I proceeded to spend the next little while sifting through other people's cards, hitting "Let's Date" on the ones I found interesting. Whenever I selected "No, Thanks" on a card, I was asked to cross out whatever I didn't like. This made me flinch. Should I really point out that it's a guy's age that turned me off? Should I reveal that it irked me that he described his marijuana usage as "Willie Nelson style" and that he was a bit too short for my taste?

After a few minutes, I got a notification. Someone has tapped on my card. I'm told that he's in the next five cards I'll be shown. If I select "Let's Date" on his card, we'll be matched. I tap through the next five cards, expressing interest in two. Neither were the fella who was into me. I'm disappointed until later, when one of my selections — a cute, somewhat scruffy type with geeky interests — becomes a match. Guess he picked me out of his five cards. [Let's Date, for iOS]

How About We / Today

How About We

How About We has a fairly simple concept: You select a date you'd like to go on and others are able to accept it.

The sign-up is quick. Email, username, password, my sex, the sex I'm interested in, age groups I'm interested in, date of birth, zip code, photo. Bam. Done. All that's left is to offer up a date suggestion. ("How about we ... grab tea and go for a walk," I type.)

Before I even start browsing my options properly, I notice a little banner at the top of the app. "Upgrade today to send unlimited messages," it suggests. I sigh. Yet another "freemium" app. I can't even respond to the cute messy-haired fella who told me he's "intrigued" without upgrading. I consider reaching for my credit card when I notice that the guy's profile reveals that he has a weakness for an "exceptional laugh/giggle." Instead I scroll through my five daily matches, debating whether to express interest in any of them. I get distracted by another notification of a guy's interest. It turns out that he works with a guy I know "in real life." Small world. [How About We, for iOS and Android]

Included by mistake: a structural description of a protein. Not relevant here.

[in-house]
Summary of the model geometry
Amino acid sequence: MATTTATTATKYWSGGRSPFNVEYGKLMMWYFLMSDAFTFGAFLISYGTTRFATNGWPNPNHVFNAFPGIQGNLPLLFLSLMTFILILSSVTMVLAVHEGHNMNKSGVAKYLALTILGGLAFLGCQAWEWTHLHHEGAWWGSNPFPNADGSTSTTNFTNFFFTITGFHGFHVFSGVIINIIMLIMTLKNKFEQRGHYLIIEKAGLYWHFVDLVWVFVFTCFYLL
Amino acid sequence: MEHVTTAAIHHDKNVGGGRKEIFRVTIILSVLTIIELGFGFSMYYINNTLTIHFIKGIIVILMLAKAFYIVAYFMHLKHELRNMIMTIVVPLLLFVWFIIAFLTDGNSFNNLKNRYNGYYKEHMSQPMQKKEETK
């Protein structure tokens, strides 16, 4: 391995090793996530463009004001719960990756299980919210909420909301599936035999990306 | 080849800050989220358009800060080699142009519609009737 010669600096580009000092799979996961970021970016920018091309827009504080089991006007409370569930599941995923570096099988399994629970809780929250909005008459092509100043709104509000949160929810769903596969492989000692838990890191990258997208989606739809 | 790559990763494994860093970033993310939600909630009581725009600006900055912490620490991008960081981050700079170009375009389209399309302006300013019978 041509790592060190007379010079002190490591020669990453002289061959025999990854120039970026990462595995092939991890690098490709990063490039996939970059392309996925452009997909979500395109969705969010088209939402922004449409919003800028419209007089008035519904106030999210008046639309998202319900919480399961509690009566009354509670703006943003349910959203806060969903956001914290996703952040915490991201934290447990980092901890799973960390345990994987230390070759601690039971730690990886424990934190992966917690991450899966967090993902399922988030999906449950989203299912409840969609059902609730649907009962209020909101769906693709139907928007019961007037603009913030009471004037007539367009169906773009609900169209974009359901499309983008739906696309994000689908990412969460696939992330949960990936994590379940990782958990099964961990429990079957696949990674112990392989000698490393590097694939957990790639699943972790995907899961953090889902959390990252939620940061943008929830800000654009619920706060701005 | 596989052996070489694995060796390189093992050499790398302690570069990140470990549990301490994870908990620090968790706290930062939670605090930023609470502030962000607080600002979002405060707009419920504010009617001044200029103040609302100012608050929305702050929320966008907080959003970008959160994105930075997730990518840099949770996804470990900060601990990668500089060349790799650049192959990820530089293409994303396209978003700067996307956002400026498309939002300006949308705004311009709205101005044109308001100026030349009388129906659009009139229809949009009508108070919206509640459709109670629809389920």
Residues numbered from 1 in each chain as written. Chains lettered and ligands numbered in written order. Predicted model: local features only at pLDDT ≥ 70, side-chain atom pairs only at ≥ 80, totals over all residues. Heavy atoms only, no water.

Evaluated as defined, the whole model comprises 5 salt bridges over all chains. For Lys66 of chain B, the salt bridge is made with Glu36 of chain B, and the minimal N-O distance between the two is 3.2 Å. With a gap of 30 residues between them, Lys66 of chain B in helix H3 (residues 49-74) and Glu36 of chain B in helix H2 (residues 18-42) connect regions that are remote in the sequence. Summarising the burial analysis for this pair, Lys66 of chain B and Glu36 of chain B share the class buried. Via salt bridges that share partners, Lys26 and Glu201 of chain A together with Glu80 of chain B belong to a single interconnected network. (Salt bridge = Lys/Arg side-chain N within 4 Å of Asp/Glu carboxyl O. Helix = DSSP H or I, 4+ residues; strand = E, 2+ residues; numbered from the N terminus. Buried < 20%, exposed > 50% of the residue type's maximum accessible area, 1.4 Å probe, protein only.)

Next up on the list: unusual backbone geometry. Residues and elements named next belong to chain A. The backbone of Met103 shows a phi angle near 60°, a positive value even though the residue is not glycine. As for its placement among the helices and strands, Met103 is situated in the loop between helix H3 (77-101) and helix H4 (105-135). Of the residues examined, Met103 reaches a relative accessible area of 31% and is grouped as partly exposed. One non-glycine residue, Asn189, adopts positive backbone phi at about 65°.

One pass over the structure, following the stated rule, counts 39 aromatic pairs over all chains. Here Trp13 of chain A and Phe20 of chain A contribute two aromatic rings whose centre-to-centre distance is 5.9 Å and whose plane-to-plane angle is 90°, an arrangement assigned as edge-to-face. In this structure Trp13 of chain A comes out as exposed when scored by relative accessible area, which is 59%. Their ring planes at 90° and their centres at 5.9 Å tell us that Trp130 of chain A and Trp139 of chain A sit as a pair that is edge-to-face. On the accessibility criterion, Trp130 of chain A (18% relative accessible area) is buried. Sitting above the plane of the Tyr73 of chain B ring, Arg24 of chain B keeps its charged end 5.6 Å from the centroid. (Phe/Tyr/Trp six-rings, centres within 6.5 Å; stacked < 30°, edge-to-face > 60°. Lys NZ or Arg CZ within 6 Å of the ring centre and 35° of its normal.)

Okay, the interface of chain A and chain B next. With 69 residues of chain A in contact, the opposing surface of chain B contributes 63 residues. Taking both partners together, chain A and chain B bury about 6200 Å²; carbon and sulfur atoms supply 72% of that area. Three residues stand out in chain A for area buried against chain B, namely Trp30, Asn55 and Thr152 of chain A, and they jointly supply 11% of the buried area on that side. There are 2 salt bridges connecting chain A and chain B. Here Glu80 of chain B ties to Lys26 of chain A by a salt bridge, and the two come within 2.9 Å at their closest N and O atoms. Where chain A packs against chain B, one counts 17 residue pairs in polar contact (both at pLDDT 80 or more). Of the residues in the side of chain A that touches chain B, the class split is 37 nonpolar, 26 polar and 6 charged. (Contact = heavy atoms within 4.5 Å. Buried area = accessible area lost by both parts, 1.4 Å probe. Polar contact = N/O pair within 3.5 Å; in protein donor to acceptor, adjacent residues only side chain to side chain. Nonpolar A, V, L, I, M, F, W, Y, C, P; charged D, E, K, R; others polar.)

Blendr / Today


While modeled after Grindr — an app mainly catering to the male gay and bisexual community — Blendr appeals to all sexes. You are shown people within geographic proximity who you can chat with (perhaps to arrange a meeting). Unlike Grindr, Blendr doesn't focus on casual sexual encounters quite as blatantly, but that doesn't prevent users from being rather ... forward. (I became very aware of this detail when one man invited me to join him and his girlfriend — I'm assuming he meant the pretty girl-next-door type pictured in a photo on his profile — in bed. He remembered to compliment my eyes in his second message.)

A quick log-in via Facebook, some verification to confirm that I'm really me, and Blendr was basically all set to go. I selected four photos from my Facebook profile and ... well, before I even had a chance to fill out anything on my profile, I started getting messages. Like some of the other apps, Blendr's freemium: Accessing certain features — like viewing who favorited my profile — requires a membership fee or referrals, but messages can be exchanged without a fee.